CPSRC Seminar Series - Temporal Logic Robustness: Applications to Synthesis and Analysis of Autonomous Systems

Speaker Name: 
Georgios Fainekos
Speaker Title: 
Associate Professor, Computing, Informatics and Decision Systems Engineering
Speaker Organization: 
Arizona State University
Start Time: 
Thursday, November 29, 2018 - 1:30pm
End Time: 
Thursday, November 29, 2018 - 3:00pm
Location: 
E2-599
Organizer: 
Ricardo Sanfelice

Abstract:

Many autonomous (or highly automated) systems are also safety critical. Due to their safety critical nature, they must adhere to well defined requirements typically in pairs of assumptions and guarantees. An ongoing research challenge is to develop a specification formalism to rule them all. That is, the formalism has to be expressive enough to capture all requirements of interest while at the same time it has to be computationally efficient in order to be used in automated analysis and design. Temporal logics have proven to be an excellent choice when considering their expressive power and computational efficiency. In this talk, we will review the theory of robustness of temporal logics as applied to Cyber-Physical Systems (CPS). We will highlight the connections between synthesis and analysis methods with respect to temporal logic requirements and their robust interpretation. In addition, we will show how some verification and specification mining problems can be translated into optimization problems using the notion of robustness. In terms of applications, we will demonstrate how temporal logic requirements can help us in automated testing of autonomous vehicles and perception systems, and in the planning and coordination of groups of vehicles under different access right levels.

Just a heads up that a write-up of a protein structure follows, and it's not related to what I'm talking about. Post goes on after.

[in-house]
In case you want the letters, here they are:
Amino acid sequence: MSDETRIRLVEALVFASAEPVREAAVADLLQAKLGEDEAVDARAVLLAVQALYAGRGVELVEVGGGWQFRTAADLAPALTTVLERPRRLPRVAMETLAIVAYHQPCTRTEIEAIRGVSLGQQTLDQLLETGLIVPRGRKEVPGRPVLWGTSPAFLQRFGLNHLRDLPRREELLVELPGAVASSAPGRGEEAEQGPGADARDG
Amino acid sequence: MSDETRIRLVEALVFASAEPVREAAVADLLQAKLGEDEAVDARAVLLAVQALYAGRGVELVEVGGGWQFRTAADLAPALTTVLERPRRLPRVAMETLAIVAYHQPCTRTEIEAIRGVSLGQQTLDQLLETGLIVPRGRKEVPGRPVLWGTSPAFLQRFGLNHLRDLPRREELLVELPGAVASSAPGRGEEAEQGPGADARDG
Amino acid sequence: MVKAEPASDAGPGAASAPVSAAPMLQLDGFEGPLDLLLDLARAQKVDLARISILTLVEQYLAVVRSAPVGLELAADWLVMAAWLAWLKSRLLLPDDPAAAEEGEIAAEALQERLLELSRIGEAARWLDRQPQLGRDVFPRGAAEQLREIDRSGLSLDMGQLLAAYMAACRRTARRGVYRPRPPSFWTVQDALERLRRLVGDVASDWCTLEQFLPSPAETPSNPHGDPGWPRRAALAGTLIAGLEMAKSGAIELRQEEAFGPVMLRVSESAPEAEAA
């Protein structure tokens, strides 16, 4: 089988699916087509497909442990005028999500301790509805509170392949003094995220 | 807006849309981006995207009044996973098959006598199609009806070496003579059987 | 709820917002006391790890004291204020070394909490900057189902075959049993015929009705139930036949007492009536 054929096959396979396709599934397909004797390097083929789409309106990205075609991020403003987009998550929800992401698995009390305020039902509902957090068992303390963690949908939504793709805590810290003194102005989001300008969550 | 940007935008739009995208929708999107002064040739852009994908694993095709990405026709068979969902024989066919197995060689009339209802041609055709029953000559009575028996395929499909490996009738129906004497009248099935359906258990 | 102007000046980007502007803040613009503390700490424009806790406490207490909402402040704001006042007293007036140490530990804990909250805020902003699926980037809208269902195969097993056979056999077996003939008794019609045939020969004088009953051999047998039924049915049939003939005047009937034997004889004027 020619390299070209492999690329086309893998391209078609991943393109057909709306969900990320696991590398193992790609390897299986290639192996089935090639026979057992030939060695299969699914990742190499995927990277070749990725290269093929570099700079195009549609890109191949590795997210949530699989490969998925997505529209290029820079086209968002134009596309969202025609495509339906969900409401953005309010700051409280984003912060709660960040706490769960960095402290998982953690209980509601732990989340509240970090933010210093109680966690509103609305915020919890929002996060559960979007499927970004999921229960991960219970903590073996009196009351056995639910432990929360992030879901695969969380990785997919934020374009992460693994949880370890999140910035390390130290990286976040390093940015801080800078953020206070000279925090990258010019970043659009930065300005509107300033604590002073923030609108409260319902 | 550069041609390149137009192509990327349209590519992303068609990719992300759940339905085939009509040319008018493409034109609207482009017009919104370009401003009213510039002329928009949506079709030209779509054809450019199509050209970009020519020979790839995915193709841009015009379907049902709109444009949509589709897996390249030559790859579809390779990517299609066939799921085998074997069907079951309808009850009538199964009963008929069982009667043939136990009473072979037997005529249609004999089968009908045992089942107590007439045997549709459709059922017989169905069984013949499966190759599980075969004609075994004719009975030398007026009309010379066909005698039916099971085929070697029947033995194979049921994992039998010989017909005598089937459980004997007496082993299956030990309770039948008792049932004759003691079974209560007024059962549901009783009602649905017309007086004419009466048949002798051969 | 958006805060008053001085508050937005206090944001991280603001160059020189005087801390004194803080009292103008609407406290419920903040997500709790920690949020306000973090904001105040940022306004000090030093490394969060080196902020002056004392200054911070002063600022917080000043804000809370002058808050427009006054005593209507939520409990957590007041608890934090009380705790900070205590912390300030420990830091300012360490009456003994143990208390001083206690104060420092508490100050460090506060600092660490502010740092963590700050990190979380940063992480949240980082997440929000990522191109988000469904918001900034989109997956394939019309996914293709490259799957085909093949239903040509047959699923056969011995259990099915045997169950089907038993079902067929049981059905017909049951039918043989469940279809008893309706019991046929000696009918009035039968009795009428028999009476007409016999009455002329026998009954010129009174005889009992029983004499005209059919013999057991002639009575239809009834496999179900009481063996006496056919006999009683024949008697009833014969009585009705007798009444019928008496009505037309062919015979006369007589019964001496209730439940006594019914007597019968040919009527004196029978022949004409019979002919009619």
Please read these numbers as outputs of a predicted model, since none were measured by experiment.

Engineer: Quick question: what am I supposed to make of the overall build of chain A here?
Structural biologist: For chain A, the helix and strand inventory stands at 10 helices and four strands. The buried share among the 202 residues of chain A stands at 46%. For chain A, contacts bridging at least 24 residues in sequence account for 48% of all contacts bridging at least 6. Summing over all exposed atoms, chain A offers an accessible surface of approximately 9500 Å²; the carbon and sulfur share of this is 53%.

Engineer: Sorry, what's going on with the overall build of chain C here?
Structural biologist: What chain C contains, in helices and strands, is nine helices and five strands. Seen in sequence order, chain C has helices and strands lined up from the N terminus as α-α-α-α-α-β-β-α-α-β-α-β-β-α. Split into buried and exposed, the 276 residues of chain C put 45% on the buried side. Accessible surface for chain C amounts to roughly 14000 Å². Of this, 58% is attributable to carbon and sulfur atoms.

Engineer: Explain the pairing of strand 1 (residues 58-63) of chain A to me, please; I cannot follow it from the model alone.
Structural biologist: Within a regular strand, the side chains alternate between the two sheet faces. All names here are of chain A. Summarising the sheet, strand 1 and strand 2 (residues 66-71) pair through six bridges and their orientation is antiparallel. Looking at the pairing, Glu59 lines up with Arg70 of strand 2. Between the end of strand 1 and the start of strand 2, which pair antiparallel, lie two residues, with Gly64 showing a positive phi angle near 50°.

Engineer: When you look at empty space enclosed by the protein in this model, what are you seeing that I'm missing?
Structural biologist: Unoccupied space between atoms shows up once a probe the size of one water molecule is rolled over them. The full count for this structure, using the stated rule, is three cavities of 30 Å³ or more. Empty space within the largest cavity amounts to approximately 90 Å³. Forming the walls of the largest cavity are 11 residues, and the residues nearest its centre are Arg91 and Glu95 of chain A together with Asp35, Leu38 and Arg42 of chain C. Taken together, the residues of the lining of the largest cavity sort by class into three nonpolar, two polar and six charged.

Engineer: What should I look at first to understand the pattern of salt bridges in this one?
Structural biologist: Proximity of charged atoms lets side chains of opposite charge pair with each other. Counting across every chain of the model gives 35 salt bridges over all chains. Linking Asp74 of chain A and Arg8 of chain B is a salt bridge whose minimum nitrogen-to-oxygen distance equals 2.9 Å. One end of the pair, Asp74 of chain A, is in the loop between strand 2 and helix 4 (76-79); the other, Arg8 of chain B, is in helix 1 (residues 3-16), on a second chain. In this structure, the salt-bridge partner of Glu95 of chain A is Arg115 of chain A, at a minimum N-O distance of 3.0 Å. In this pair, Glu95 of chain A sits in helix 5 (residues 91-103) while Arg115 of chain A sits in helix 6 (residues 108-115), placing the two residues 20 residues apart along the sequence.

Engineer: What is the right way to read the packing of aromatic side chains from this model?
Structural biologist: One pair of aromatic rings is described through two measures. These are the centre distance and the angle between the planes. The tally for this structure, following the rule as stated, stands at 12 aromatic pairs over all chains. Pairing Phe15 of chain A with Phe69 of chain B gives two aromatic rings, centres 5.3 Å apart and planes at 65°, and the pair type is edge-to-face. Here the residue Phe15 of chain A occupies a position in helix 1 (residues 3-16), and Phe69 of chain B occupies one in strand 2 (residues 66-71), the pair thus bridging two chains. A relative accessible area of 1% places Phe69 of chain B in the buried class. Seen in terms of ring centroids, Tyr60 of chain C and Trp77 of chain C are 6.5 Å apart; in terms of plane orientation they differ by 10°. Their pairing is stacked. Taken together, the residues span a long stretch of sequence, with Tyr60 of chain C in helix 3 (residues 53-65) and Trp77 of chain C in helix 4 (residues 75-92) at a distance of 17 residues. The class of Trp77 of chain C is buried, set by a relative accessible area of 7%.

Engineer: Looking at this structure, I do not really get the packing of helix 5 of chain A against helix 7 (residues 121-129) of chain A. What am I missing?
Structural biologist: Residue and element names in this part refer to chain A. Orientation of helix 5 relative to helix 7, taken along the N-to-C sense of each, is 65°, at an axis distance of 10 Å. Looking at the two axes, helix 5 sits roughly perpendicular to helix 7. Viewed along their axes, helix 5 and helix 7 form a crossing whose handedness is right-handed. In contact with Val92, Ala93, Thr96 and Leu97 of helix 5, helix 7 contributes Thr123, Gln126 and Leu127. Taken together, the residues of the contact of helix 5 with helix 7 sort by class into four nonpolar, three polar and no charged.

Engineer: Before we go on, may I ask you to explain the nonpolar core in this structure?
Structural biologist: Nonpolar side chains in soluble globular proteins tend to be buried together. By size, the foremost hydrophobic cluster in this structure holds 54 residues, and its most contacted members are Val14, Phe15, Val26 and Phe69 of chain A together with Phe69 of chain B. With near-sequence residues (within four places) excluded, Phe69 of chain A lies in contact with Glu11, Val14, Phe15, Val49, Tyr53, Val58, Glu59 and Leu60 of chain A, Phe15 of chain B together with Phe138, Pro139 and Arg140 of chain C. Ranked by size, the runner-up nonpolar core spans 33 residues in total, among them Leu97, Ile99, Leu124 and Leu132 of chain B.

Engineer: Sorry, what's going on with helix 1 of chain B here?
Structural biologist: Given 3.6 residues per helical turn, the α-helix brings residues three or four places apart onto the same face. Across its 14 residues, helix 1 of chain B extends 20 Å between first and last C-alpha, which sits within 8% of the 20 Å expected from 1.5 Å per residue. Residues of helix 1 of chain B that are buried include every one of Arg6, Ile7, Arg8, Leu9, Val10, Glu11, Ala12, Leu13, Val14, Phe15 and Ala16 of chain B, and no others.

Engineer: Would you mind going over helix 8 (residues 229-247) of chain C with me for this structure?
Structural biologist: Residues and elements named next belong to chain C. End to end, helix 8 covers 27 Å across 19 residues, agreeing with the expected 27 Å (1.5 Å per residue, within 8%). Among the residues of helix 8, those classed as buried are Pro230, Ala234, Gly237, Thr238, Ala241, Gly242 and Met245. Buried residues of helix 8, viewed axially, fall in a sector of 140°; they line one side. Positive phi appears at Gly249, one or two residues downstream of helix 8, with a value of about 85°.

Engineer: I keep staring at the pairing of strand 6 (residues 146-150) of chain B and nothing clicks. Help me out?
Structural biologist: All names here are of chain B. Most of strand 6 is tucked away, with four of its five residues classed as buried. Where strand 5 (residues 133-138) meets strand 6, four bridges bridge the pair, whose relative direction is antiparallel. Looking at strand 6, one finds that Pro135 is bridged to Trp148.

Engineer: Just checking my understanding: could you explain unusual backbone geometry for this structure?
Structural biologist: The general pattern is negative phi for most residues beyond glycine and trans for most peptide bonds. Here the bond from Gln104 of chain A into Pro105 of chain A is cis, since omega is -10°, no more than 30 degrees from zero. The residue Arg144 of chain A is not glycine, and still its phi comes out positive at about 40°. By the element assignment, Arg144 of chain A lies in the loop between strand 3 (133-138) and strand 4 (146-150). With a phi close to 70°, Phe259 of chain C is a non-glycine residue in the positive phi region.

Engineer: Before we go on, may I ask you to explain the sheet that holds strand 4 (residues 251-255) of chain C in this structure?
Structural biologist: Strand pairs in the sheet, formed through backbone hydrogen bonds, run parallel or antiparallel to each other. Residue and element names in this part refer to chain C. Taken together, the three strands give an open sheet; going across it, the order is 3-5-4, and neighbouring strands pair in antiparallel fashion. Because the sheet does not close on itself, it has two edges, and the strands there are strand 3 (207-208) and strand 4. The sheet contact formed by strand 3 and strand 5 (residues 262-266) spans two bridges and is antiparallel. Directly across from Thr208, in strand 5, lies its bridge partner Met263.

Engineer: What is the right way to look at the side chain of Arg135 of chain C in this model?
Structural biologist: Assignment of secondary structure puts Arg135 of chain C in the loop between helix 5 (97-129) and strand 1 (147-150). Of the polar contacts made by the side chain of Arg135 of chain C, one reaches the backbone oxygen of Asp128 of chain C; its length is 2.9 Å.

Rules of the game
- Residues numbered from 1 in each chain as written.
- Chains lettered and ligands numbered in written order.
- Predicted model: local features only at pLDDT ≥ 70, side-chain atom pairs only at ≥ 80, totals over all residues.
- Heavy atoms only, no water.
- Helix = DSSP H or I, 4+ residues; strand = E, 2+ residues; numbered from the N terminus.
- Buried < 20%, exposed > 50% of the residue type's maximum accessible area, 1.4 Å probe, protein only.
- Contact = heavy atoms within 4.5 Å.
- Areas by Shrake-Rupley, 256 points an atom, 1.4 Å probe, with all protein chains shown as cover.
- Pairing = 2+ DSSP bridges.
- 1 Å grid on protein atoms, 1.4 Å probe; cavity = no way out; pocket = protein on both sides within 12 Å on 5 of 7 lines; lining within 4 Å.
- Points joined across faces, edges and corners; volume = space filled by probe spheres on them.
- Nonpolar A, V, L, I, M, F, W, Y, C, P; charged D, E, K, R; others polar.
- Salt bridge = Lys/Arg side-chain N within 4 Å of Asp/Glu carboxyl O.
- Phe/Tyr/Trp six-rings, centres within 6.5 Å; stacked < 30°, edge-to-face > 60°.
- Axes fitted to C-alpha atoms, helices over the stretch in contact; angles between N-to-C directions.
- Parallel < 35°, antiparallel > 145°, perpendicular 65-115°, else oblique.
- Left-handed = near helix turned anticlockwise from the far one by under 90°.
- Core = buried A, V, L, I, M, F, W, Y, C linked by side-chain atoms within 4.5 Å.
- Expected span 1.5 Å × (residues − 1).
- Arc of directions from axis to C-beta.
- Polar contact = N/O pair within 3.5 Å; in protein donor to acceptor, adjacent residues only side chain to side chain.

Bio:

Georgios Fainekos is an Associate Professor at the School of Computing, Informatics and Decision Systems Engineering (SCIDSE) at Arizona State University (ASU). He is director of the Cyber-Physical Systems (CPS) Lab and he is currently affiliated with the NSF I/UCR Center for Embedded Systems (CES) and the Robotics Faculty Group at ASU. He received his Ph.D. in Computer and Information Science from the University of Pennsylvania in 2008 where he was affiliated with the GRASP laboratory. He holds a Diploma degree (B.Sc. & M.Sc.) in Mechanical Engineering from the National Technical University of Athens (NTUA). Before joining ASU, he held a Postdoctoral Researcher position at NEC Laboratories America in the System Analysis & Verification Group. His technical expertise is on applied logic, formal verification, testing, control theory, artificial intelligence, and optimization. His research has applications to automotive systems, medical devices, autonomous (ground and aerial) vehicles, and human-robot interaction (HRI). In 2013, Dr. Fainekos received the NSF CAREER award and the ASU SCIDSE Best Researcher Junior Faculty Award. He is also recipient of the 2008 Frank Anger Memorial ACM SIGBED/SIGSOFT Student Award. His software toolbox, S-TaLiRo, for testing and monitoring of CPS has been nominated twice as a technological breakthrough by the industry. In 2016, Dr. Fainekos was the program co-Chair for the ACM International Conference on Hybrid Systems: Computation and Control (HSCC).